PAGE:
Qualcomm has broken into the top 10 for the first time. It’s the first time in the history of semiconductors that such a thing has happened, and is probably a sign of the times ahead.

One reason for this growth has been — Increasing foundry orders. A Digitimes article reported that Qualcomm will increase orders by 15-20 percent in the September quarter to meet projections of strong 3G handset sales. According to the article, sources at Qualcomm suggest that wafer starts per month in the December quarter could surpass 30,000.

There have also been reports of strong June quarter for 2007. Qualcomm’s $2.32 billion in June quarter sales represents 19 percent year-on-year growth. Record chipset volumes of 65 million were at the high end of 62 million-65 million guidance. UMTS chipset shipments were noted to have increased by 127 percent year-over-year and 79 percent quarter-over-quarter, with the quarter-over-quarter growth rate roughly 4 times the market growth rate.

Finally, chipset ASPs increased by 2 percent year-over-year and quarter-over-quarter, and are likely to remain stable.

Situation in Asia
FSA quoted the Strategic Marketing Association’s Quarterly Spot Report – July. While there have been announcements in India by SemIndia, HSMC, Moser Baer, etc., for fabs, there is every likelihood of another fab in the eastern Indian state of West Bengal. The technology ministry announced plans for a yet to be named fab at the India Design Center. Another possibility is a fab in Kochi, South India, by the NeST Group.

In China, Strategic Marketing Association expects that eight new fabs will start construction this year. Two fabs have started construction in the first quarter (Hua Hong NEC and ProMOS), and two more have started construction in the second quarter.

Grace Semiconductor, now headed by former Infineon boss, Dr. Ulrich Schumacher, which opened its first fab in 2003, began moving equipment into the shell of Fab 2, which was built at the same time as Fab 1. The company is installing used equipment and plans to begin production in Q1 0f 2008. The company also plans to begin building a 300mm fab, perhaps as early as next year, although financing is said to remain an issue for such a project.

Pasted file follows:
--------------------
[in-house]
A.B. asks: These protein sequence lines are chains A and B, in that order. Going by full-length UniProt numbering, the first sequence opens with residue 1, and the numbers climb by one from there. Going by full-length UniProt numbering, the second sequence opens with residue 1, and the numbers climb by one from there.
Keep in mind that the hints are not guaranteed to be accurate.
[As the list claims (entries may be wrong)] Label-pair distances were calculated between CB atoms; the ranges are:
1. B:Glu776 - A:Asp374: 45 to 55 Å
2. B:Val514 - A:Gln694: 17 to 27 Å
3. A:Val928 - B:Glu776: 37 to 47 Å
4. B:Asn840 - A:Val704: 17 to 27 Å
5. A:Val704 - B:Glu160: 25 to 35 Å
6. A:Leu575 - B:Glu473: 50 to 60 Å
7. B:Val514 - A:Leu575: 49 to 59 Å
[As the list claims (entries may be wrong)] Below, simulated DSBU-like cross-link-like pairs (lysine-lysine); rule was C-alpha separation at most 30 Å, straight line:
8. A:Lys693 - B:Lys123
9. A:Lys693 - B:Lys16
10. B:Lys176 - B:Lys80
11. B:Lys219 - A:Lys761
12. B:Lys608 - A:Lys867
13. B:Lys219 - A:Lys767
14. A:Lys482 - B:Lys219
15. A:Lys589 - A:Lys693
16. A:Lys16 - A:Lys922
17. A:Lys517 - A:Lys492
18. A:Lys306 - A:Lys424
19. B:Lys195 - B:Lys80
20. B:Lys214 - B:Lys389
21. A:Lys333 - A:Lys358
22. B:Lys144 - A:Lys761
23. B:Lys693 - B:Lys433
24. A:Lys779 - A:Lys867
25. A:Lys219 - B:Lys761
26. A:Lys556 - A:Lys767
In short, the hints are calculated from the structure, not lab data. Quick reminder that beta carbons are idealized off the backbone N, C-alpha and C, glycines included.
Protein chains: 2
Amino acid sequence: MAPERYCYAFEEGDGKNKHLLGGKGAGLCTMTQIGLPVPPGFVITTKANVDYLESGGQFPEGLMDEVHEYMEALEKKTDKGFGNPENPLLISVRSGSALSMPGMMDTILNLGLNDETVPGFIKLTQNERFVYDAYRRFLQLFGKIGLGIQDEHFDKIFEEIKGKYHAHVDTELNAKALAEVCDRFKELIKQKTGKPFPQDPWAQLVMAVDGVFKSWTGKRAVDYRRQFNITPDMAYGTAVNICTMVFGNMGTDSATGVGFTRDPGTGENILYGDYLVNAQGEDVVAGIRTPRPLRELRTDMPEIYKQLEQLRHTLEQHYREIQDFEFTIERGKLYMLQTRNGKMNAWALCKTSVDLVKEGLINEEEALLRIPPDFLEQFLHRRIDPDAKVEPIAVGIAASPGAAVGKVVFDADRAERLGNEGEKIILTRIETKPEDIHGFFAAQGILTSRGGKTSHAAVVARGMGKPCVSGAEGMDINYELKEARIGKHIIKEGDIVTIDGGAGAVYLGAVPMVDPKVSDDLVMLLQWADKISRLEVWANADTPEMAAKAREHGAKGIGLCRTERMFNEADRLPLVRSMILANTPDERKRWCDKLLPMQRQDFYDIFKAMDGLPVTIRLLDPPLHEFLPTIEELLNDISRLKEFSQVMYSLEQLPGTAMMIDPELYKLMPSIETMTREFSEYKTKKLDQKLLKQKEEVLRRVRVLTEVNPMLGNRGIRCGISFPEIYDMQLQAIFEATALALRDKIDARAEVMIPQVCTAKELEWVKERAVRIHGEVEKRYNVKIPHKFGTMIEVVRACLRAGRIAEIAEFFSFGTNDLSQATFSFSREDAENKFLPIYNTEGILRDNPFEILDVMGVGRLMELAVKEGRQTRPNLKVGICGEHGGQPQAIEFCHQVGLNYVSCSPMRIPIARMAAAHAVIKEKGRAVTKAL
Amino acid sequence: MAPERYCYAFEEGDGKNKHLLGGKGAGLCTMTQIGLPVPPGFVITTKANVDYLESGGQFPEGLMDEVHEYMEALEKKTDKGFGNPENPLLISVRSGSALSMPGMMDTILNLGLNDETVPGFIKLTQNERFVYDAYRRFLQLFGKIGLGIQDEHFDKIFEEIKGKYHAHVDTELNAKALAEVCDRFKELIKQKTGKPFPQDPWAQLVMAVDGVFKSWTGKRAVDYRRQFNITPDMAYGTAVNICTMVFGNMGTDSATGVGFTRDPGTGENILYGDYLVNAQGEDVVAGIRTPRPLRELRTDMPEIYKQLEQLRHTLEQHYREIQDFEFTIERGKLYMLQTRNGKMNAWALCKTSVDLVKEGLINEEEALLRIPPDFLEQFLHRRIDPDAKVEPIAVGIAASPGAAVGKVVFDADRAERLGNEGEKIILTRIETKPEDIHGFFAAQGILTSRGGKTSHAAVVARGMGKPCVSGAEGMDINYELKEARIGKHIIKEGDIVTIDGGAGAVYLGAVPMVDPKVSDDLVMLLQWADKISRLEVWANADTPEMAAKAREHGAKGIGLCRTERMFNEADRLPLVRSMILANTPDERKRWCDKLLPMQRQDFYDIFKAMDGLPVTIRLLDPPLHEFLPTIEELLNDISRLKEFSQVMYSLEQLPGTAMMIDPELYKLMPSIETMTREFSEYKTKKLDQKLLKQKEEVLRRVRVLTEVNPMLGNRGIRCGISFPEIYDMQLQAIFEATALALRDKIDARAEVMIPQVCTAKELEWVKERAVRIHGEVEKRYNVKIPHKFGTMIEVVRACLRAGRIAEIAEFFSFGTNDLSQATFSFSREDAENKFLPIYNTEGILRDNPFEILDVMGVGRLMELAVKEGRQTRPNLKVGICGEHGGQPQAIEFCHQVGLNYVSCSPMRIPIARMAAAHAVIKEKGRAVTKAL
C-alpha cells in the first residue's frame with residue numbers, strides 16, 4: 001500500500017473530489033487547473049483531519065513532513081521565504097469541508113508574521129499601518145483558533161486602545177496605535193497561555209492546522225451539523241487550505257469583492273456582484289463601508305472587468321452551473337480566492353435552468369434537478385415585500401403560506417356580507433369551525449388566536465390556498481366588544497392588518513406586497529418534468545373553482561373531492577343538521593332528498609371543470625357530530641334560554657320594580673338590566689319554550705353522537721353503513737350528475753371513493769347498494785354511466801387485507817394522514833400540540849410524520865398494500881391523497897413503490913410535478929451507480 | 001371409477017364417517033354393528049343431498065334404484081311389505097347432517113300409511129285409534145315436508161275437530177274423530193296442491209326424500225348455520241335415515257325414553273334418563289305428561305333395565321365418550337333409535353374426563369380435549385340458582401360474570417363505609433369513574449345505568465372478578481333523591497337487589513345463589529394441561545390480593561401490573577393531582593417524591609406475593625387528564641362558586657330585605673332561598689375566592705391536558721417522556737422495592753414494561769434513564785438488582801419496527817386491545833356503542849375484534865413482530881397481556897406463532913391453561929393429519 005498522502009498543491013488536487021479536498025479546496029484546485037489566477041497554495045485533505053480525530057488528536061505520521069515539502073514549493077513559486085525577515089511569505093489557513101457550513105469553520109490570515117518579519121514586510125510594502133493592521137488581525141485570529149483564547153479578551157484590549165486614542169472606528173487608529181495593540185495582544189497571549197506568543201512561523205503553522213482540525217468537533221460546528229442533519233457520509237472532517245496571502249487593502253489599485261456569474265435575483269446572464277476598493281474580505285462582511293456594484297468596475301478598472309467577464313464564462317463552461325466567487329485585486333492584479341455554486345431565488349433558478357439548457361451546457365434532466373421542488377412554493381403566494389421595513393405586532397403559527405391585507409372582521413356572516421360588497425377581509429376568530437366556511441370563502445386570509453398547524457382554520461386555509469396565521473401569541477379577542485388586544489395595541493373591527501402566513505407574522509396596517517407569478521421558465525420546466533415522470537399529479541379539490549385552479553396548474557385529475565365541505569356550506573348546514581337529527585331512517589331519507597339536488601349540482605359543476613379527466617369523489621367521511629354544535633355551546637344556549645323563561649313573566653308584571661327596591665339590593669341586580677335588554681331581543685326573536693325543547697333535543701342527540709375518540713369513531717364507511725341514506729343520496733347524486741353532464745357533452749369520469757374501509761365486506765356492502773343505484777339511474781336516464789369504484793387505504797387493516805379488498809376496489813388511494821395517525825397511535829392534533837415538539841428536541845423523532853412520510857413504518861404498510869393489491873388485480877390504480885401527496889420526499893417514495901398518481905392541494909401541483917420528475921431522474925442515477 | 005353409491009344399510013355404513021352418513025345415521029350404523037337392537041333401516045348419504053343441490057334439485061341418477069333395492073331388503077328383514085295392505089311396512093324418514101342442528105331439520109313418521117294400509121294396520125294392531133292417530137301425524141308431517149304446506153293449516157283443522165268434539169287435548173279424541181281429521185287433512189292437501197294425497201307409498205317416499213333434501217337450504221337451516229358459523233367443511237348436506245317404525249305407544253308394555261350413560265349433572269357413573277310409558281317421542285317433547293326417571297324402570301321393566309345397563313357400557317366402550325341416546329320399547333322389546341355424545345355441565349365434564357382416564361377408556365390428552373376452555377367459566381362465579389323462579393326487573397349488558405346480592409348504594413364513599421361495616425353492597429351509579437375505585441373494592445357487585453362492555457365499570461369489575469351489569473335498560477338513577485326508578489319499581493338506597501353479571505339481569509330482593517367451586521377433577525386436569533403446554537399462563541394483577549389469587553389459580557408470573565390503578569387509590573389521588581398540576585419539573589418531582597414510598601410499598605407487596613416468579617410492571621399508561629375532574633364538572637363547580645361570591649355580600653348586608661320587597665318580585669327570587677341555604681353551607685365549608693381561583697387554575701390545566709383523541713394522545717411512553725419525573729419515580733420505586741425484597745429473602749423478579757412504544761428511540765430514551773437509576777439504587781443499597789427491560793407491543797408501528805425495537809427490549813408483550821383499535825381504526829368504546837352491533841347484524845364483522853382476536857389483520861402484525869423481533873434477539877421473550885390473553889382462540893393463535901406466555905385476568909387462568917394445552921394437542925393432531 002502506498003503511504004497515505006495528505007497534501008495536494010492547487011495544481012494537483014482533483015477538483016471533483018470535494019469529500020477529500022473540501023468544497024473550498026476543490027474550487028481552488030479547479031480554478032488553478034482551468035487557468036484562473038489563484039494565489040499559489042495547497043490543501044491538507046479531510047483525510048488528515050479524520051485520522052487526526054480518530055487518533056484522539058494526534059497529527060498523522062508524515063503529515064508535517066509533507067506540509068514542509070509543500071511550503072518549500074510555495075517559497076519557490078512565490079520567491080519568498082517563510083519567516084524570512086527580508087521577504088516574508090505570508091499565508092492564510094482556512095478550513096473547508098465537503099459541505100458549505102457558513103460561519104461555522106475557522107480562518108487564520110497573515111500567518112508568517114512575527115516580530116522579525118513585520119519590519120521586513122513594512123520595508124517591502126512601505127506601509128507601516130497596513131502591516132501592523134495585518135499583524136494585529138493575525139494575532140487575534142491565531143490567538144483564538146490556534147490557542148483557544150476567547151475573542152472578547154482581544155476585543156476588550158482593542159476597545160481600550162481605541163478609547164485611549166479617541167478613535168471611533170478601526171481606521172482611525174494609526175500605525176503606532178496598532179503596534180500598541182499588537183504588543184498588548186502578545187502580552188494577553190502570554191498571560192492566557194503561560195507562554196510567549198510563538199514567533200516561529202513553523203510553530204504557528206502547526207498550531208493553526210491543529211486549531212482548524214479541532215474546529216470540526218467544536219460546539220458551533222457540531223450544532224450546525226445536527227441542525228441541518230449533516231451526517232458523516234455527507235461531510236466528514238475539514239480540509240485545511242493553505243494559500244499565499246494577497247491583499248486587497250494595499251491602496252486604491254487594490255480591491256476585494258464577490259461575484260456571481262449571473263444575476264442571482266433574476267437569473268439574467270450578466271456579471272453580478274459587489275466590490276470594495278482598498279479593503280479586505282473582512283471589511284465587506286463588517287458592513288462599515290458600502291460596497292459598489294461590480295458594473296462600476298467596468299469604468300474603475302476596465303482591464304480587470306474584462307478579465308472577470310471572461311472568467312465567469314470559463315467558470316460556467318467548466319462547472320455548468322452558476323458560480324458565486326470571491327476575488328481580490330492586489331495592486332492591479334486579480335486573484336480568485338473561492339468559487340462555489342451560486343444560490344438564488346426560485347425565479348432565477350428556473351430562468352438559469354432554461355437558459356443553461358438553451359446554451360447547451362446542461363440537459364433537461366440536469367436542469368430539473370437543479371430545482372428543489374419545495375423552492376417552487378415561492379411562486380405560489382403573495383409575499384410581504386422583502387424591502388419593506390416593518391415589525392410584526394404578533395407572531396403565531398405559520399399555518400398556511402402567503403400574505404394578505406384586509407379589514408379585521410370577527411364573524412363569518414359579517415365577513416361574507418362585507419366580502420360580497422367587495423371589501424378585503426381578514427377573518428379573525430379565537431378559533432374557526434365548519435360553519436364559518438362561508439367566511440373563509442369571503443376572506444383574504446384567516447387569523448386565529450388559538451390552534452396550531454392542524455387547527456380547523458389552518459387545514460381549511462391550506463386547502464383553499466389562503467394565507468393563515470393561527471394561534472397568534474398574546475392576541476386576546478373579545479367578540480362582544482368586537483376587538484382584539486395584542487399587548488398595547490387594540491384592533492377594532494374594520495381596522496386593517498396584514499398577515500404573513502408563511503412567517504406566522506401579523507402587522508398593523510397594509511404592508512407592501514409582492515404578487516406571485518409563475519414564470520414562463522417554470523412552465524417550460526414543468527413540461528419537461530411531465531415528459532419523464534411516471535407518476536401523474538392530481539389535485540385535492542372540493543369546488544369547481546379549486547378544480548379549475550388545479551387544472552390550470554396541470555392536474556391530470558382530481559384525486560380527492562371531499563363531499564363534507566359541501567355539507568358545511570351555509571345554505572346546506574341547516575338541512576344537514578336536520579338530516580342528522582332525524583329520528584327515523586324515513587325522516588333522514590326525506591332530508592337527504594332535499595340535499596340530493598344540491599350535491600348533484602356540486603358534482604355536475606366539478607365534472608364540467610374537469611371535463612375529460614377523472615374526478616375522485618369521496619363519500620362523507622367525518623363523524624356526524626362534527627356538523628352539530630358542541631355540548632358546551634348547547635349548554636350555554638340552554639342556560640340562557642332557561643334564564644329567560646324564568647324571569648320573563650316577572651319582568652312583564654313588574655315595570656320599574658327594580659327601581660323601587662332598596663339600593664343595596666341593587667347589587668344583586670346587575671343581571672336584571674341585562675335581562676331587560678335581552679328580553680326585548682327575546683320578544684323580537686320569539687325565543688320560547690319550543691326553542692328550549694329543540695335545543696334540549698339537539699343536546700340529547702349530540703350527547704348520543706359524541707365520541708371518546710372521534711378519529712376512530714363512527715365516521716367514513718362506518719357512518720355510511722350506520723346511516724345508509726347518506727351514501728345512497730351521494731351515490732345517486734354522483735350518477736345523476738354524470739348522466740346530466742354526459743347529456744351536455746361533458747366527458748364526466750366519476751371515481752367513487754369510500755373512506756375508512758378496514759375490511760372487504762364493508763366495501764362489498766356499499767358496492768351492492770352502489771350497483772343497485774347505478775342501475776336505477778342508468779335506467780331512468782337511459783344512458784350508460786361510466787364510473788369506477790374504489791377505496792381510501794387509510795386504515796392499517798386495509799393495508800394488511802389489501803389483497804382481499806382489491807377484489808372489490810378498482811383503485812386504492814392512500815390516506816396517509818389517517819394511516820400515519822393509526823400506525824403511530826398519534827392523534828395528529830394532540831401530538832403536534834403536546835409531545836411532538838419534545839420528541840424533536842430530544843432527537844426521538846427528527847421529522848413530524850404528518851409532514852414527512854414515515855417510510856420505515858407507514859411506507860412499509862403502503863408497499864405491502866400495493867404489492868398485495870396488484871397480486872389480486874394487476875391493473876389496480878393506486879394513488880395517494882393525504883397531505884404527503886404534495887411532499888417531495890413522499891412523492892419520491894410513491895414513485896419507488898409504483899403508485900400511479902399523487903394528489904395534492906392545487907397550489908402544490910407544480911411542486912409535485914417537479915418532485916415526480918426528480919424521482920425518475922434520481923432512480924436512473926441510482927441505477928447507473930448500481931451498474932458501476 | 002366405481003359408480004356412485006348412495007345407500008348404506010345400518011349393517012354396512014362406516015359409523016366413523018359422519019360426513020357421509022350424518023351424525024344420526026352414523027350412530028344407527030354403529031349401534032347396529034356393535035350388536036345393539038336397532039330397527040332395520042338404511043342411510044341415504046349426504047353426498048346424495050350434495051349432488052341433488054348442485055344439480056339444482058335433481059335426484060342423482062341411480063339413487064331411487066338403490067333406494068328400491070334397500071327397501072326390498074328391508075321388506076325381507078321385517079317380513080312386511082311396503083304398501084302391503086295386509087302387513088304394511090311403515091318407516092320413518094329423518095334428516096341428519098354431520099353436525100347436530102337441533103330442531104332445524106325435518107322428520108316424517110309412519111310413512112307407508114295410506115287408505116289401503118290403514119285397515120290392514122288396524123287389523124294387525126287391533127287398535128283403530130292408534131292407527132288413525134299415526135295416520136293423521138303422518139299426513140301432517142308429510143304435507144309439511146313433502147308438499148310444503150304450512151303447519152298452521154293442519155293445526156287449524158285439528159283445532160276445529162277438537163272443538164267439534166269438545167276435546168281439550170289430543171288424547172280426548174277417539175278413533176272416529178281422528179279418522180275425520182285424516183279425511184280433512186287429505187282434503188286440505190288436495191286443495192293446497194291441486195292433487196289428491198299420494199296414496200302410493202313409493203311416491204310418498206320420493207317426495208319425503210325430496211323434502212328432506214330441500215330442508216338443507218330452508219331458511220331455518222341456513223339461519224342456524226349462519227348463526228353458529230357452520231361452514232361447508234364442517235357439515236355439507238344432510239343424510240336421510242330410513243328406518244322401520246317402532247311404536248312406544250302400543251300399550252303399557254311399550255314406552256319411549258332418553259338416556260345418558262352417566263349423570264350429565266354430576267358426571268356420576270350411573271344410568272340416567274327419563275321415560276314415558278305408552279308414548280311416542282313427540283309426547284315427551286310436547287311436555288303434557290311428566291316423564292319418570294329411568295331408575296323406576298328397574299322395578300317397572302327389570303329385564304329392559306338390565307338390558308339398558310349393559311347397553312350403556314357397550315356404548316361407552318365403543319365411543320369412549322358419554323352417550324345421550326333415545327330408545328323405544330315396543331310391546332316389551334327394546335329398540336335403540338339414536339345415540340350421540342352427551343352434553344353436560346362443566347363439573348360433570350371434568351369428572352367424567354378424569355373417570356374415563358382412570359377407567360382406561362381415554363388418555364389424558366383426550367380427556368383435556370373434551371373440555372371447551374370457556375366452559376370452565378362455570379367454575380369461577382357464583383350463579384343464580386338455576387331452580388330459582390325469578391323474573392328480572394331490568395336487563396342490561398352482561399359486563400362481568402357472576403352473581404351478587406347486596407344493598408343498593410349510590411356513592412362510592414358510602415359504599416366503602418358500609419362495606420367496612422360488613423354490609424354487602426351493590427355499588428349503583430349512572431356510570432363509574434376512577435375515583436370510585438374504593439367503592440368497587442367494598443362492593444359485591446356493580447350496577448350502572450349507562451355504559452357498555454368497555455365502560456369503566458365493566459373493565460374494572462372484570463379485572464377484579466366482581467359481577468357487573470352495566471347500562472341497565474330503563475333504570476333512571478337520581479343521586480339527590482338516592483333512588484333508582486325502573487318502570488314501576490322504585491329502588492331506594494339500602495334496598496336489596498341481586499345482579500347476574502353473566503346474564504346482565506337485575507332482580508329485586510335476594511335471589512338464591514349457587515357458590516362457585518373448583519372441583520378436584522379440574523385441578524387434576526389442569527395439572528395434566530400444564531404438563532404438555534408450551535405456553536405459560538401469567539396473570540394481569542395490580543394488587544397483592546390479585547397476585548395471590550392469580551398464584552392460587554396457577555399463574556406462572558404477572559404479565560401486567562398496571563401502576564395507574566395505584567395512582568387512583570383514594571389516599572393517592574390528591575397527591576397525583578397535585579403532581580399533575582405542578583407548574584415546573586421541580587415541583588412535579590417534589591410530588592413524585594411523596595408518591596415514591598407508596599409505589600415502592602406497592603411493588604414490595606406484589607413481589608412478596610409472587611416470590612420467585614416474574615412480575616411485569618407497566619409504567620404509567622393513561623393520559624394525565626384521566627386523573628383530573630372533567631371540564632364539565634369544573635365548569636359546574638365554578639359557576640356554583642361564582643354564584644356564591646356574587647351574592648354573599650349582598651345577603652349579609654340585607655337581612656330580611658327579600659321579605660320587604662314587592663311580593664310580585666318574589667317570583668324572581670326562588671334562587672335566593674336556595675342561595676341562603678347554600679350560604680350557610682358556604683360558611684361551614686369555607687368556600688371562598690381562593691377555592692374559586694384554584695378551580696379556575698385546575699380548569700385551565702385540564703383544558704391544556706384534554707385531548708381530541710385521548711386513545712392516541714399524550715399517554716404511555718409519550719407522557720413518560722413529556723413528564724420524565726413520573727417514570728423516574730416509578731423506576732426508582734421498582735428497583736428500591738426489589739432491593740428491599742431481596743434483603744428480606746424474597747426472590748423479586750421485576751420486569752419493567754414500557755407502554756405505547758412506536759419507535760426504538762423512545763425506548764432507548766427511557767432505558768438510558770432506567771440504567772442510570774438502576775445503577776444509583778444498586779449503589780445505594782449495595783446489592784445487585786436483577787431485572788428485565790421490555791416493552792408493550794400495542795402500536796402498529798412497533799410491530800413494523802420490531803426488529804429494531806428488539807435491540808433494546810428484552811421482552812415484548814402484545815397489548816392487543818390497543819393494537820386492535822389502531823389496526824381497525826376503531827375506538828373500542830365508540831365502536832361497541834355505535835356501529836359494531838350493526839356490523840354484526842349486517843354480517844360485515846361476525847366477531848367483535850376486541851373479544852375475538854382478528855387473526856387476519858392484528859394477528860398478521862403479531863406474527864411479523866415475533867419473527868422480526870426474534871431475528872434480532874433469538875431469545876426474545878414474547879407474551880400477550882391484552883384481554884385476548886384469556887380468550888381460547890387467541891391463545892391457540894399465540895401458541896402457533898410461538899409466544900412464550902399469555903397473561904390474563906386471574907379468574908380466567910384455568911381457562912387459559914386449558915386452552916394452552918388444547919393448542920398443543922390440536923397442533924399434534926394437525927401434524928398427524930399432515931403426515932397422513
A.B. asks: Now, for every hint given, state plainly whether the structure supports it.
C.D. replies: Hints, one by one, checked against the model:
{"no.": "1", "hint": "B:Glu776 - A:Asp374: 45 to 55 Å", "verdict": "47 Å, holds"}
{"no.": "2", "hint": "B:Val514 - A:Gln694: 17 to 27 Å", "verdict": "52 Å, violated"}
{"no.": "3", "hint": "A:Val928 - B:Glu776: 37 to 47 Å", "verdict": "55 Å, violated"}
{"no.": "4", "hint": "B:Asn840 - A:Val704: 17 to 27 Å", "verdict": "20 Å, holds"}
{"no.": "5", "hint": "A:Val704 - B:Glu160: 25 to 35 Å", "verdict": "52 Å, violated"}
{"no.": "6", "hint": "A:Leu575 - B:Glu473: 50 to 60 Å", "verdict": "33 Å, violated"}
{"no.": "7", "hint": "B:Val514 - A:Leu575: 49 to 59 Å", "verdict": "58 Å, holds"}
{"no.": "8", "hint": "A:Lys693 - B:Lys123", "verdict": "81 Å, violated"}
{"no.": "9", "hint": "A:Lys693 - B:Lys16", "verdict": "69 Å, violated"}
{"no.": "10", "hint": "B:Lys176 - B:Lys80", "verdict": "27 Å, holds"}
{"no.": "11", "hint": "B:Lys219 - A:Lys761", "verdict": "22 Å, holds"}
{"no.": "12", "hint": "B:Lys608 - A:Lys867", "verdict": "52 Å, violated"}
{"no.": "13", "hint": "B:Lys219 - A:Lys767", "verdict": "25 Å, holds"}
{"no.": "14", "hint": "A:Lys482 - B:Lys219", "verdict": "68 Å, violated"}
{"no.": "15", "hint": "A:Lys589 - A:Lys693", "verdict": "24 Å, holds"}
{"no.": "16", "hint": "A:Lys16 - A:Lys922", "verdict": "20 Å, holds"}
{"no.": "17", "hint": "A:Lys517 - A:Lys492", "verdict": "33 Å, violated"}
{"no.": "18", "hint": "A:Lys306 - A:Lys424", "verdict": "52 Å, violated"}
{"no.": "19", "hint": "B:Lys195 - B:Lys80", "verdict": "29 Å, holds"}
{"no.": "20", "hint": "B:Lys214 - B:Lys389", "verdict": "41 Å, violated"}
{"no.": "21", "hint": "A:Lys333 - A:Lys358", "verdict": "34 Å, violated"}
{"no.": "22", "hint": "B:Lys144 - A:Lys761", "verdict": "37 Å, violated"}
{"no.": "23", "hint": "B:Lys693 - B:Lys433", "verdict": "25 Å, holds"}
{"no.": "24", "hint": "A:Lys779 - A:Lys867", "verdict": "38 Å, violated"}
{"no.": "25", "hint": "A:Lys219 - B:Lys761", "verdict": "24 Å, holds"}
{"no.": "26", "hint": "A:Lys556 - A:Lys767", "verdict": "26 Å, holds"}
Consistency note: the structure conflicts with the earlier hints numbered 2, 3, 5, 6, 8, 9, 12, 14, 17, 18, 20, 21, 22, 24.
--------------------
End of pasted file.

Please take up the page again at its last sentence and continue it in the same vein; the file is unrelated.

Also in China, IC Spectrum began building a 200mm fab in Kunshan, about 45km east of Shanghai. Using 0.35micron technology from Toshiba, the new foundry expects to begin volume production by the first quarter of 2009.

TSMC began production in the second phase of its 300mm Fab 14 in Tainan in the south of Taiwan. This $2.4 billion fab will start production at 65nm and move to 45nm in 2008. There are also plans for a 300mm Fab 14, Phase 3 at the same location.

Looking at capex
In 2007, companies with capital spending budgets of $1 billion or more (the Billion Dollar Club) will account for 77 percent of all capital spending. Most of these companies (13 out of 20) are memory companies. Nine of these companies are from Asia Pacific (South Korea, China, Taiwan and Southeast Asia). Together, they plan to spend $23 billion this year, more than half of what the Billion Dollar Club has budgeted for capital spending.